Yes, Virginia, there is a real Mayberry… and it is in Virginia
Ever wonder how the TV town of Mayberry got its name? Look a bit north, and into Andy Griffith's roots.
On Thanksgiving Day in 2003, Larry King gave families a truly satisfying feast — a reunion of Andy Griffith and Don Knotts. The old pals reunited on the chat show for a walk down memory lane. The conversation, naturally, covered their time together on The Andy Griffith Show, playing Sheriff Taylor and Deputy Fife in the fictional town of Mayberry.
"Did you come up with the name Mayberry?" King asked Andy.
"No, I didn't. I think a writer named Artie Stander came up with that," the star replied.
Now, perhaps Andy was being gracious or forgetful, but it seems unlikely that Artie Stander dreamt up the name "Mayberry." Because there is a real place called Mayberry — and it lies just up the road and over the border from the fictional Mayberry. And there is proof that the Griffith family was more than familiar with the place.
As fans know, the quaint fantasy hamlet of Mayberry was inspired by Andy Griffith's hometown, Mount Airy, North Carolina. It's where the annual "Mayberry Days" festival is held, and the city prides itself on its place in television history. Mount Airy lies just south of the Virginia border, in the foothills of the Blue Ridge Mountains.
If you were to hop in a car in Mount Airy and head up the Blue Ridge Parkway, you cross over into Virginia in a matter of minutes, and half an hour later, you would arrive at the real Mayberry.
Now, there is no dot on a map for this Mayberry, but the Mayberry Trading Post lies on Mayberry Church Road, walking distance from Mayberry Creek and Mayberry Presbyterian Church. The post office officially lists these landmarks as Meadows of Dan, Virginia.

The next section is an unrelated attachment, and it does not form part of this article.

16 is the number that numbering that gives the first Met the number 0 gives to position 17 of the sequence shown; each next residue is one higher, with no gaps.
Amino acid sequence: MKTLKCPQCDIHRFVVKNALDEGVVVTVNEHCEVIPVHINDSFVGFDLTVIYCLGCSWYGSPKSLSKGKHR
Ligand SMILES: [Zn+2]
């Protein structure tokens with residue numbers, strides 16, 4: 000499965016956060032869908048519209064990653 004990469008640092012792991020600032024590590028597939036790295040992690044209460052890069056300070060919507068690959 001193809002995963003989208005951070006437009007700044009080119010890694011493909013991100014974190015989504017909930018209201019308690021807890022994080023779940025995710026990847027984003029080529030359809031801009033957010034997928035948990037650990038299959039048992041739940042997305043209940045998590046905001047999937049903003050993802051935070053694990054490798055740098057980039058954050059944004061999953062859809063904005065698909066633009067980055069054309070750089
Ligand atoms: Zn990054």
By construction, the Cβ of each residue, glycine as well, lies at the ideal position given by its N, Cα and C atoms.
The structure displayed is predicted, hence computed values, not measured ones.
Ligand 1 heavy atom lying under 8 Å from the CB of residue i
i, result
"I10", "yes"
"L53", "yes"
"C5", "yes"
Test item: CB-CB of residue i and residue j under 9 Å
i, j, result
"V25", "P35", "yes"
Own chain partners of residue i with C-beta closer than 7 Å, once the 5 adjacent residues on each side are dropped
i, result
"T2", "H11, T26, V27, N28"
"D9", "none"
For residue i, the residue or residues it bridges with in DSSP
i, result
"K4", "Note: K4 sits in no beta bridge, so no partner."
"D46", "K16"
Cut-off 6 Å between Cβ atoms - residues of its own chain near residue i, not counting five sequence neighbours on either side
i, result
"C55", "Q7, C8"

However, decades ago, more than a century ago, the Mayberry Trading Post served at the post office for the Mayberry Creek community. At the rear of the white wooden structure — which proudly declares "Built 1892" in a hand-painted sign on its front —mail slots still remain, remnants of its early life.
Today, tourist and travelers can pop in and purchase apple butter (cooked on-site) and folksy crafts. As a one-time trading post around the turn of the century, this establishment kept books, logging the names of locals who did business there. And two of those names in the records are Andy Griffith's grandparents.
"His grandparents who lived on top of the mountain traded here at the turn of the century because their names are on the books," Mayberry Trading Post owner Peggy Barkley told WGHP Fox 8 in 2018. Betty Lynn, the actress who played Barney's gal, Thelma Lou, on The Andy Griffith Show and one of the few surviving cast members made a sojourn to the Trading Post to see for herself.
"She wanted to see it with her own eyes so she came up here to see it," Barkley proudly declared.
Andy's mother, Geneva Griffith (neé Nunn), was born there in Patrick County, Virginia. She is buried nearby in Meadowfield, Virginia.
So, considering Andy's mom was born and buried just over yonder, and his grandparents did business at the Mayberry Trading Post, it stands to reason Andy had the name in his mind. It's only twenty-some miles from Mount Airy.
That's why — no offense to Artie Stander, who did pen a handful of brilliant episodes such as "Stranger in Town" — we have to believe the "Mayberry" name came from the brain of Andy Griffith.
Mayberry Trading Post image: Nancy W. Boyer via Wikimedia Commons
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